The upcoming general election in 2023 is seen as a potential flashpoint in Kenya, as the two main political parties, the Jubilee Party and the Orange Democratic Movement, are deeply divided. There have been some violent incidents in recent months, and there is a risk of further instability in the lead-up to the election, generating a political uncertainty climate.
Kenya is one of East Africa's largest economies, although it faces many other challenges, including high unemployment and corruption. These problems can further destabilize the country and make it more vulnerable to violence. The government has struggled to address these threats effectively, and they continue to pose a significant challenge to stability.
There is space for hope and improvement when we look at women's political participation in Kenya. The 2010 Constitution of Kenya guarantees women's equal rights to participate in political and public life, and it sets a target of 33% women's representation in all elected bodies. Several organizations are working to promote women's political participation in Kenya. These organizations provide women with training, support, and resources to help them run for office. They also work to raise awareness of the importance of women's participation in politics.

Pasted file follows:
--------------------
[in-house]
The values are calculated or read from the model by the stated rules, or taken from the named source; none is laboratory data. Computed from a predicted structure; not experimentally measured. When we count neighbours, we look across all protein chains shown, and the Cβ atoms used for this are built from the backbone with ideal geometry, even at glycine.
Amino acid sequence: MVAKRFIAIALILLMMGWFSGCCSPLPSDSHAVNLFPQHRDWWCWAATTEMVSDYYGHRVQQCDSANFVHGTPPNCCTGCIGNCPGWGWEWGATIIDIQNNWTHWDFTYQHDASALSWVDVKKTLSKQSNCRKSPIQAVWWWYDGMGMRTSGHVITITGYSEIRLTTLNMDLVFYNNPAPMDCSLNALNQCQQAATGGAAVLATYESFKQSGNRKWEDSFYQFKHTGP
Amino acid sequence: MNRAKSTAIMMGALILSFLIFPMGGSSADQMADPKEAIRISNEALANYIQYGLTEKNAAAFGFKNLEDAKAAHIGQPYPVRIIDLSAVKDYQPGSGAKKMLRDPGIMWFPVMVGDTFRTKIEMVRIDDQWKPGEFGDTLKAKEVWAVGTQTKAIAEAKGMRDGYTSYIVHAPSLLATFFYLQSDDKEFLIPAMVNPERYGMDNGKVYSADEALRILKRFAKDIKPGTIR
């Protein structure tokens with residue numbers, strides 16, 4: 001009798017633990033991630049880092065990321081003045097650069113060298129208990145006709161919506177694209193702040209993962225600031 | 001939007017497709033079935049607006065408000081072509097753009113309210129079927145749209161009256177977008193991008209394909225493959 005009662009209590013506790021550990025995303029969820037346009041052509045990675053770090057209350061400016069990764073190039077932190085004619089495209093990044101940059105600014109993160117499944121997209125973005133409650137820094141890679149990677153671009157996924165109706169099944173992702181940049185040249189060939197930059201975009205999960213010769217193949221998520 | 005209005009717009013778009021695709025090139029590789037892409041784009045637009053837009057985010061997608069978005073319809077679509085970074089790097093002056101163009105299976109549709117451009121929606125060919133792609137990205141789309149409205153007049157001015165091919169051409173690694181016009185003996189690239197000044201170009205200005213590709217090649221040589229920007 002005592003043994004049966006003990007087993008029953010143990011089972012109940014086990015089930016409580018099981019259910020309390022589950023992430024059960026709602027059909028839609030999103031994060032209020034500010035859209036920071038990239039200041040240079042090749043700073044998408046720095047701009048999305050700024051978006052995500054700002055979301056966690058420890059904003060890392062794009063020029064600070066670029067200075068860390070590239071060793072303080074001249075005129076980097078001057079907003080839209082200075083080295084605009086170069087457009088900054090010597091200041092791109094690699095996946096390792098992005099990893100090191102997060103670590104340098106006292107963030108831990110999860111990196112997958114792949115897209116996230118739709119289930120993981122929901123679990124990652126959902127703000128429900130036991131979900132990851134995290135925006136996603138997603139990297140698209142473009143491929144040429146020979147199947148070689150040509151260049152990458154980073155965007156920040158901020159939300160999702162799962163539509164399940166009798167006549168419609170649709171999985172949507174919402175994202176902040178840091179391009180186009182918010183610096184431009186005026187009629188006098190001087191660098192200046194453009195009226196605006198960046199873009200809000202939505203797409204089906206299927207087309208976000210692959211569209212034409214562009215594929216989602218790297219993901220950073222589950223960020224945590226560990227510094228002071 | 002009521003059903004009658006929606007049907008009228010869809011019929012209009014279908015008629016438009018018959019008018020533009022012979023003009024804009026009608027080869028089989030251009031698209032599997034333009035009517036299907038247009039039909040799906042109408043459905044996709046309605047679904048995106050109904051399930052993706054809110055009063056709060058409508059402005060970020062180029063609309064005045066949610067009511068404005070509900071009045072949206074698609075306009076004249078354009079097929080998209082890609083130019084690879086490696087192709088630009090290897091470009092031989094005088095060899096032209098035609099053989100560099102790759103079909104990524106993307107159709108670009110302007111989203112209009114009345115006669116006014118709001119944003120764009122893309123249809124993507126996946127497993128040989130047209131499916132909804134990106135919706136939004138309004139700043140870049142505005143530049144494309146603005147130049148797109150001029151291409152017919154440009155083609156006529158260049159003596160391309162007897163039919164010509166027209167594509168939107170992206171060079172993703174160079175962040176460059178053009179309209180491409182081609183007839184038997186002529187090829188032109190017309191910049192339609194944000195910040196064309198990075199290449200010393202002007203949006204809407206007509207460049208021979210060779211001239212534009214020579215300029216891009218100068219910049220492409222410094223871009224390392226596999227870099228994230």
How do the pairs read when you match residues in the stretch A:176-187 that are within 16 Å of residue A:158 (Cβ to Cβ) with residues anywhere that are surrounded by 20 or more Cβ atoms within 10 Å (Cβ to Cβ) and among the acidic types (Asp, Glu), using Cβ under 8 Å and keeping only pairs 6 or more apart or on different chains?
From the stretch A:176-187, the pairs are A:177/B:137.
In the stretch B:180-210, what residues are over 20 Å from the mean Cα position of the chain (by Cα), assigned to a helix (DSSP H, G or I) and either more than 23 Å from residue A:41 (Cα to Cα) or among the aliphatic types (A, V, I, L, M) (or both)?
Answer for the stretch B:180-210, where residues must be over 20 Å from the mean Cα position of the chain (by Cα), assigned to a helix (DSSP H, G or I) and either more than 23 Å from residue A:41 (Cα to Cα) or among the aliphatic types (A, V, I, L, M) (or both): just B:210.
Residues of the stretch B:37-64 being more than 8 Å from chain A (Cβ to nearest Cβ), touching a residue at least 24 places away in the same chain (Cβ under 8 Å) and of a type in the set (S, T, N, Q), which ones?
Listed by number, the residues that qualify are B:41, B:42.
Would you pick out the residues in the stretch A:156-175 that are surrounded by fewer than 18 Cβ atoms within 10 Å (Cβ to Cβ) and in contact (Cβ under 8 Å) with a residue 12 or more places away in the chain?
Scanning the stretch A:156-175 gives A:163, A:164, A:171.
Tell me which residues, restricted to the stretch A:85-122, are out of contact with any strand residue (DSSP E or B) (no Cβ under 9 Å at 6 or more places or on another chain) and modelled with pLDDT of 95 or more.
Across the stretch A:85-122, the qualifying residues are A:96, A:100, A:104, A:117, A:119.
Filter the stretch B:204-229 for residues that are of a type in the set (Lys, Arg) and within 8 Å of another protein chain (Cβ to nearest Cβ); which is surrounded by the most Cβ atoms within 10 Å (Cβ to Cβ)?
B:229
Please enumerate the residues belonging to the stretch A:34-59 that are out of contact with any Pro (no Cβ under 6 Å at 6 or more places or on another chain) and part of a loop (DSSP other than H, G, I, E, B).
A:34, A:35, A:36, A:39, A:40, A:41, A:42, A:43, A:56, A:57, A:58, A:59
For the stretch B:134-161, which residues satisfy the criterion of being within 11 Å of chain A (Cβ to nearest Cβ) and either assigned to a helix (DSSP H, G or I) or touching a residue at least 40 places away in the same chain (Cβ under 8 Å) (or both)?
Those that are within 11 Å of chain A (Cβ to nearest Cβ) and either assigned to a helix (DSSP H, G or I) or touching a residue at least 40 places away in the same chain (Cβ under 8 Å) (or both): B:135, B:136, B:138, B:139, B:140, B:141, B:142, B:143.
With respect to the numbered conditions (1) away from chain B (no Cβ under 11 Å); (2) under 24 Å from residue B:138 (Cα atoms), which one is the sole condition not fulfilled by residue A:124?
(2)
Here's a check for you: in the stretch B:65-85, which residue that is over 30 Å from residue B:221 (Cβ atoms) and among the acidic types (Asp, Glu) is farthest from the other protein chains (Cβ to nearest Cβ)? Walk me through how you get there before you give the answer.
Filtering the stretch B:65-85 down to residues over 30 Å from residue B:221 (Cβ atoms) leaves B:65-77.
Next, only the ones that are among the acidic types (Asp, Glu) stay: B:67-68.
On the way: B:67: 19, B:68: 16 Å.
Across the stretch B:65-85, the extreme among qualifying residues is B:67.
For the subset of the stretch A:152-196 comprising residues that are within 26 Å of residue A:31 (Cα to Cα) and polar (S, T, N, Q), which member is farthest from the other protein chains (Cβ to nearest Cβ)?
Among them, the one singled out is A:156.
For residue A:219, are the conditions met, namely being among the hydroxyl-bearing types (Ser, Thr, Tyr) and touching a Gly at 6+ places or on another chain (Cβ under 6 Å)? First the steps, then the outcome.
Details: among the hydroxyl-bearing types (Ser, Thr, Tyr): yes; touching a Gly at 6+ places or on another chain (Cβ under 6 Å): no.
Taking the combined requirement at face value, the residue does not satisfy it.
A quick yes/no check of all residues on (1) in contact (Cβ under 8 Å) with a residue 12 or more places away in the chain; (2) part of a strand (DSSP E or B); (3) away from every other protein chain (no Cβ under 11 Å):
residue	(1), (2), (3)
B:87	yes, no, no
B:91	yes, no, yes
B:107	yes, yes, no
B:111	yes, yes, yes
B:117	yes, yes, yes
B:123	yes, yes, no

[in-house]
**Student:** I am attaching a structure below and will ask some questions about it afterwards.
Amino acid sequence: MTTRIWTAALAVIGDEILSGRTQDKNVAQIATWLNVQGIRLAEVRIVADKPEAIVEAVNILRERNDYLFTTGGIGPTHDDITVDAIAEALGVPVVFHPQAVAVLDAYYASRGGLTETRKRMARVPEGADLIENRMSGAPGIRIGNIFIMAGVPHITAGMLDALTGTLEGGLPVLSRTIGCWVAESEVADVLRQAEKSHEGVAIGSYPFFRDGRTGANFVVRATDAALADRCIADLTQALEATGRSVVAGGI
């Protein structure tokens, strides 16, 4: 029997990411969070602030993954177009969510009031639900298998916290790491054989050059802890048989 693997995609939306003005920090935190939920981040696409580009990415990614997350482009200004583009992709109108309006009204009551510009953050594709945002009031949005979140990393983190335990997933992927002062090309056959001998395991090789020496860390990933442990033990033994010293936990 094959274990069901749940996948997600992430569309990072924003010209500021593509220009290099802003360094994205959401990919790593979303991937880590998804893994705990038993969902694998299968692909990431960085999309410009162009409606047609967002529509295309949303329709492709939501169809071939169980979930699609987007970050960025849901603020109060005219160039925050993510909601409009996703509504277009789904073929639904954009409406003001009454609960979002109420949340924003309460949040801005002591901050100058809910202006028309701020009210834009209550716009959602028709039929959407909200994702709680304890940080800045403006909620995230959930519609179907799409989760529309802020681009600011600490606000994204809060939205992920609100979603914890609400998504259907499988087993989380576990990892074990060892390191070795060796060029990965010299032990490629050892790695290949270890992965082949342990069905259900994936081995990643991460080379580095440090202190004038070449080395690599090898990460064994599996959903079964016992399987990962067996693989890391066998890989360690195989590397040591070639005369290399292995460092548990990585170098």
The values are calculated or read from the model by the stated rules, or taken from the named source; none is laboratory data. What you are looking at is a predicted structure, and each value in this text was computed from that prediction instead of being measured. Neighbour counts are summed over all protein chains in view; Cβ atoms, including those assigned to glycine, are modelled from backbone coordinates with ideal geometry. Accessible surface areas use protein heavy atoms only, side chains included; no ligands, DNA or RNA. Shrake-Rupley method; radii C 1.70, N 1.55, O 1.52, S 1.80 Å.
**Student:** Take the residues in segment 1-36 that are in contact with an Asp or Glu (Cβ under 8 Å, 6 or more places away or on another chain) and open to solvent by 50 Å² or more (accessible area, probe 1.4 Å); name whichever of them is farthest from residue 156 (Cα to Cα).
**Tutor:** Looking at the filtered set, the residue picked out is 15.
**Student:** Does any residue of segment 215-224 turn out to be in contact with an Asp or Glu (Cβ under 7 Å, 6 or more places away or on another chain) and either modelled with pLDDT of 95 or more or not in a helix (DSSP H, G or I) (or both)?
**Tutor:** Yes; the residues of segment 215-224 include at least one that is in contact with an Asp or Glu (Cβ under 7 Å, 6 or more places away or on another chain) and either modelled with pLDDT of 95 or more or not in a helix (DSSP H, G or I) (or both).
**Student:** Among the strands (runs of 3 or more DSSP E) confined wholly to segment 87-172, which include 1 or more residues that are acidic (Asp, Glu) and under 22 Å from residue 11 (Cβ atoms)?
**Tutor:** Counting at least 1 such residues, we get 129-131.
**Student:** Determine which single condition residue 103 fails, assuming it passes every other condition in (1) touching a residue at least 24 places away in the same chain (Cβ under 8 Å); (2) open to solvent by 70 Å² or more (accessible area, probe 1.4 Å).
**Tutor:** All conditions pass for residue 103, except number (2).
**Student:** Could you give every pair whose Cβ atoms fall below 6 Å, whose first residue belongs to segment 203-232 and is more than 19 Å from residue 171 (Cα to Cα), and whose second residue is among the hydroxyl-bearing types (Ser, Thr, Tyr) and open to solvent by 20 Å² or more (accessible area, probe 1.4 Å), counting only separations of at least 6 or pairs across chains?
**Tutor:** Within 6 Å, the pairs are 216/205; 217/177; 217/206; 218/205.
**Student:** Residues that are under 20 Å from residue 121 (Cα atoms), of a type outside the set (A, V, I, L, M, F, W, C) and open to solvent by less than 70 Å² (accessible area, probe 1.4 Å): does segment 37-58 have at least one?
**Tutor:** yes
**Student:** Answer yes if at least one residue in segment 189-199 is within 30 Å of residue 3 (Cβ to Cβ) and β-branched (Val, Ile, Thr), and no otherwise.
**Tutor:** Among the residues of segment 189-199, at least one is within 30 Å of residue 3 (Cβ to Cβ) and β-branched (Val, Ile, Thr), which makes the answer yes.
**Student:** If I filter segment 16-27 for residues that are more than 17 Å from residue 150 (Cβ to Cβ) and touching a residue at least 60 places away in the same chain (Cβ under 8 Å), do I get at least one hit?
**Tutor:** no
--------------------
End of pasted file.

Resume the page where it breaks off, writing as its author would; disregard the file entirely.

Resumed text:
In the 2022 general election, there was a significant increase in the number of women elected to office. This was partly due to the efforts of women's rights organizations and political parties.
In this context, International IDEA decided to set the headquarters of the Women in Political Participation project, a Pan-African gender project on the different facets of Women and Politics in Africa. Funded by Sida, it aims to advance gender equality in politics and governance in line with the Maputo Protocol of 2003, various associated sub-regional protocols and standards, and the United Nations Sustainable Development Goals (SDGs).